Google begins processing requests for search result removals because of a European Union court ruling that people have a “right to be forgotten” on the internet. They have over 41,000 requests to remove individually:
This week, we’re starting to take action on the removals requests that we’ve received. This is a new process for us. Each request has to be assessed individually, and we’re working as quickly as possible to get through the queue.
A French court rules that food critic Caroline Doudet must pay a fine of €1,500 ($2,000) because her negative review of a restaurant is too high on the Google search results and may affect business. She also must rename her post, The Place to Avoid in Cap-Ferret: Il Giardino, to something that is less likely to drive business away from the restaurant. The owner acknowledges that the complaints in the blog are possibly true but says her post causes unwarranted harm:
Maybe there were some errors in the service, that happens sometimes in the middle of August – I recognise that. But this article showed in the Google search results and did my business more and more harm, even though we have worked seven days a week for 15 years. I could not accept that.
The Court denies a Google appeal that sought to stop a billion-dollar Oracle lawsuit by seeking limits on software copyright protections. The justices decline to disturb an appeals court ruling in Oracle’s favor that reinvigorated the company’s case against Google. 37 packages of prewritten Java programs, known as application programming interfaces, are entitled to copyright protection. Google:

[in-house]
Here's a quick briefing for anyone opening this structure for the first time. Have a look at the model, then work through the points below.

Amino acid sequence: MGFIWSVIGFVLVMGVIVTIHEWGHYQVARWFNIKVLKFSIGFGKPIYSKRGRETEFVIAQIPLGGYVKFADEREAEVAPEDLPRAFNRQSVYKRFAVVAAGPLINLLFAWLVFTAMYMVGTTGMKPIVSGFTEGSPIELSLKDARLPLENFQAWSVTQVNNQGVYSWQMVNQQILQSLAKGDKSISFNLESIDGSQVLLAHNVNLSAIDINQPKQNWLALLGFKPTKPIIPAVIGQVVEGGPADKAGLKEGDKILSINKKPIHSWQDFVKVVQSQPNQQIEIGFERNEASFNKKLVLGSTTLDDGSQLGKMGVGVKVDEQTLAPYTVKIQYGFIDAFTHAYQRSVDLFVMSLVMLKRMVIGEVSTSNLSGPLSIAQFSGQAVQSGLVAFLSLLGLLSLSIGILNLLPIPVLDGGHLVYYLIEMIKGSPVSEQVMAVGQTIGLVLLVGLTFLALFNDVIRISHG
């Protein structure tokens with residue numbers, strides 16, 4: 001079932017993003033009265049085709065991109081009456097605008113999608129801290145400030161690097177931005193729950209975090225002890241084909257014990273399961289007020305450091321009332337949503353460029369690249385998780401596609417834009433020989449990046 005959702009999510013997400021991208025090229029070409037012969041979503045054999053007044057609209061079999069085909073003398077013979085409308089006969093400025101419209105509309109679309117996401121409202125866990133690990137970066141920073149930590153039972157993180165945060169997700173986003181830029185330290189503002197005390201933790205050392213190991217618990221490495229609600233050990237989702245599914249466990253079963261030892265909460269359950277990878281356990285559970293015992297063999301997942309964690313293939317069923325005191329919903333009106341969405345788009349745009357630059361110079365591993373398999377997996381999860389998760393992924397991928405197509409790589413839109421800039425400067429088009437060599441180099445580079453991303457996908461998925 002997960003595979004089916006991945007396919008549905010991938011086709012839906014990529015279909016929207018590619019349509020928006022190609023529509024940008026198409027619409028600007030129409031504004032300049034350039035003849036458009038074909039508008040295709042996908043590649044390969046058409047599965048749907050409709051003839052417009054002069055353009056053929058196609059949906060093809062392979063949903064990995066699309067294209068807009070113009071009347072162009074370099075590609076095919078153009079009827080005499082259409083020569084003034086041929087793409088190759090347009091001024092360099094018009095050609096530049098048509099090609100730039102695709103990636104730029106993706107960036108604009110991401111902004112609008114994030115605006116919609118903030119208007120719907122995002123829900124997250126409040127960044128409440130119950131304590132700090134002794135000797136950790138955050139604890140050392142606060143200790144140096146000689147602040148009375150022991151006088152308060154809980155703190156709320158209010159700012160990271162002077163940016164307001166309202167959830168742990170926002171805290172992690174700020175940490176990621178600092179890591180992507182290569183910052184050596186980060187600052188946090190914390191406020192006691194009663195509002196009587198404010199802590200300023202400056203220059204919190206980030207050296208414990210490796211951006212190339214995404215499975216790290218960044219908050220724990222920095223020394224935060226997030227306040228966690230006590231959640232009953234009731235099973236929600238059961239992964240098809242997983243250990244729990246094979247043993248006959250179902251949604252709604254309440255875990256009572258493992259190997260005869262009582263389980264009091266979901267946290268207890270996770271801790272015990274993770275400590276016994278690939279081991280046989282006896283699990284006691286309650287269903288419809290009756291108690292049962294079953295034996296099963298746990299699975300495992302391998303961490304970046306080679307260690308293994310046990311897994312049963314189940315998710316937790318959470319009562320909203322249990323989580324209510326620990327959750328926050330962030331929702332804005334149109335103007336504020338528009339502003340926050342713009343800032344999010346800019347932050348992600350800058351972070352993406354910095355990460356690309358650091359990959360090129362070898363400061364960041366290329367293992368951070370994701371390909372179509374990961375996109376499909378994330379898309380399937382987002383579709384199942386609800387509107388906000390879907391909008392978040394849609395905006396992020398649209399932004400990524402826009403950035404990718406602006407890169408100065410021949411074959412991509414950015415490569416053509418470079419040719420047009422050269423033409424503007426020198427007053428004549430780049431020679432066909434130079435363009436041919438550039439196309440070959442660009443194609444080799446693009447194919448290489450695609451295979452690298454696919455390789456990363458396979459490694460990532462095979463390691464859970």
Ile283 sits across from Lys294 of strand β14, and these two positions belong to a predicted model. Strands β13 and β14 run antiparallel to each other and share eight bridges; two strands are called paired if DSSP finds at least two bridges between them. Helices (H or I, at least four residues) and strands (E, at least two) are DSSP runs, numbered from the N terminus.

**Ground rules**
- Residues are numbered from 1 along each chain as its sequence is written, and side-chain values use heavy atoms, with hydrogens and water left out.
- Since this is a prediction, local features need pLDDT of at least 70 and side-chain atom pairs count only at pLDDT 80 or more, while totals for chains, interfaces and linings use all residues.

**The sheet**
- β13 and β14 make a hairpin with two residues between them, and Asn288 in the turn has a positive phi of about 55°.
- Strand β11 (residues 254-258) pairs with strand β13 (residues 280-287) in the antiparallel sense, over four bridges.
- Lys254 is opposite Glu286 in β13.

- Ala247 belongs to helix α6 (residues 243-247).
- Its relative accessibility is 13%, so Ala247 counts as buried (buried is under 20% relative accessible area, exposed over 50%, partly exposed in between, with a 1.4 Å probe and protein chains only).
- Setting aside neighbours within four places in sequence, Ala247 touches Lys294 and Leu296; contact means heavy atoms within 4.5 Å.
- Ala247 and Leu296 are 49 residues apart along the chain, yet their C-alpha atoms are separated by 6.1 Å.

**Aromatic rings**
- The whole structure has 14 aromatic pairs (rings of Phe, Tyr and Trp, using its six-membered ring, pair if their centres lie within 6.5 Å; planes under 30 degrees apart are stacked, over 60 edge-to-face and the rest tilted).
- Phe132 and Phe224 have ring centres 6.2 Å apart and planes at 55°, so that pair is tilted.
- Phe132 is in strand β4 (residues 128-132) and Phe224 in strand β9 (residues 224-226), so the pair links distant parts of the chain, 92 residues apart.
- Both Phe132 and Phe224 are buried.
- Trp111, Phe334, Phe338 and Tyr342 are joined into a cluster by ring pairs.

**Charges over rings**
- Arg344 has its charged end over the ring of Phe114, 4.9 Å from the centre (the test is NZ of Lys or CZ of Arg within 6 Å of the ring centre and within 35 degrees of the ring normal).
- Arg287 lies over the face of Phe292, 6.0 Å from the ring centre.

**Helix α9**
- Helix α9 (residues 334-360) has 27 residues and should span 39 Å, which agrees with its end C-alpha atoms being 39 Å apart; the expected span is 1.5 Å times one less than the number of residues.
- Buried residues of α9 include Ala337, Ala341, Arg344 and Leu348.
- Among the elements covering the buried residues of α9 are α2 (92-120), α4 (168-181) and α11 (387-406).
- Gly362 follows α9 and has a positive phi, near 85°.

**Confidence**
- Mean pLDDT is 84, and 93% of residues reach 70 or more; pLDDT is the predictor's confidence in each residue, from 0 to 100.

We will continue to defend the interoperability that has fostered innovation and competition in the software industry.
[The result] is a win for innovation and for the technology industry that relies on copyright protection to fuel innovation.
The UK’s Information Commissioner’s Office (ICO) orders Google to remove nine links from its search results that point to news stories reporting on earlier removals of links from its search results. The links relate to a criminal offence that were removed by Google following a request from the individual concerned. According to the ICO, Google argued the articles were an essential part of a recent news story relating to a matter of significant public importance. Despite the ICo recognizing recognises that journalistic content relating to decisions to delist search results may be newsworthy and in the public interest they say the news stories have “an unwarranted and negative impact on the individual’s privacy and is a breach of the Data Protection Act,” and that they must be removed. Google has 35 days to comply.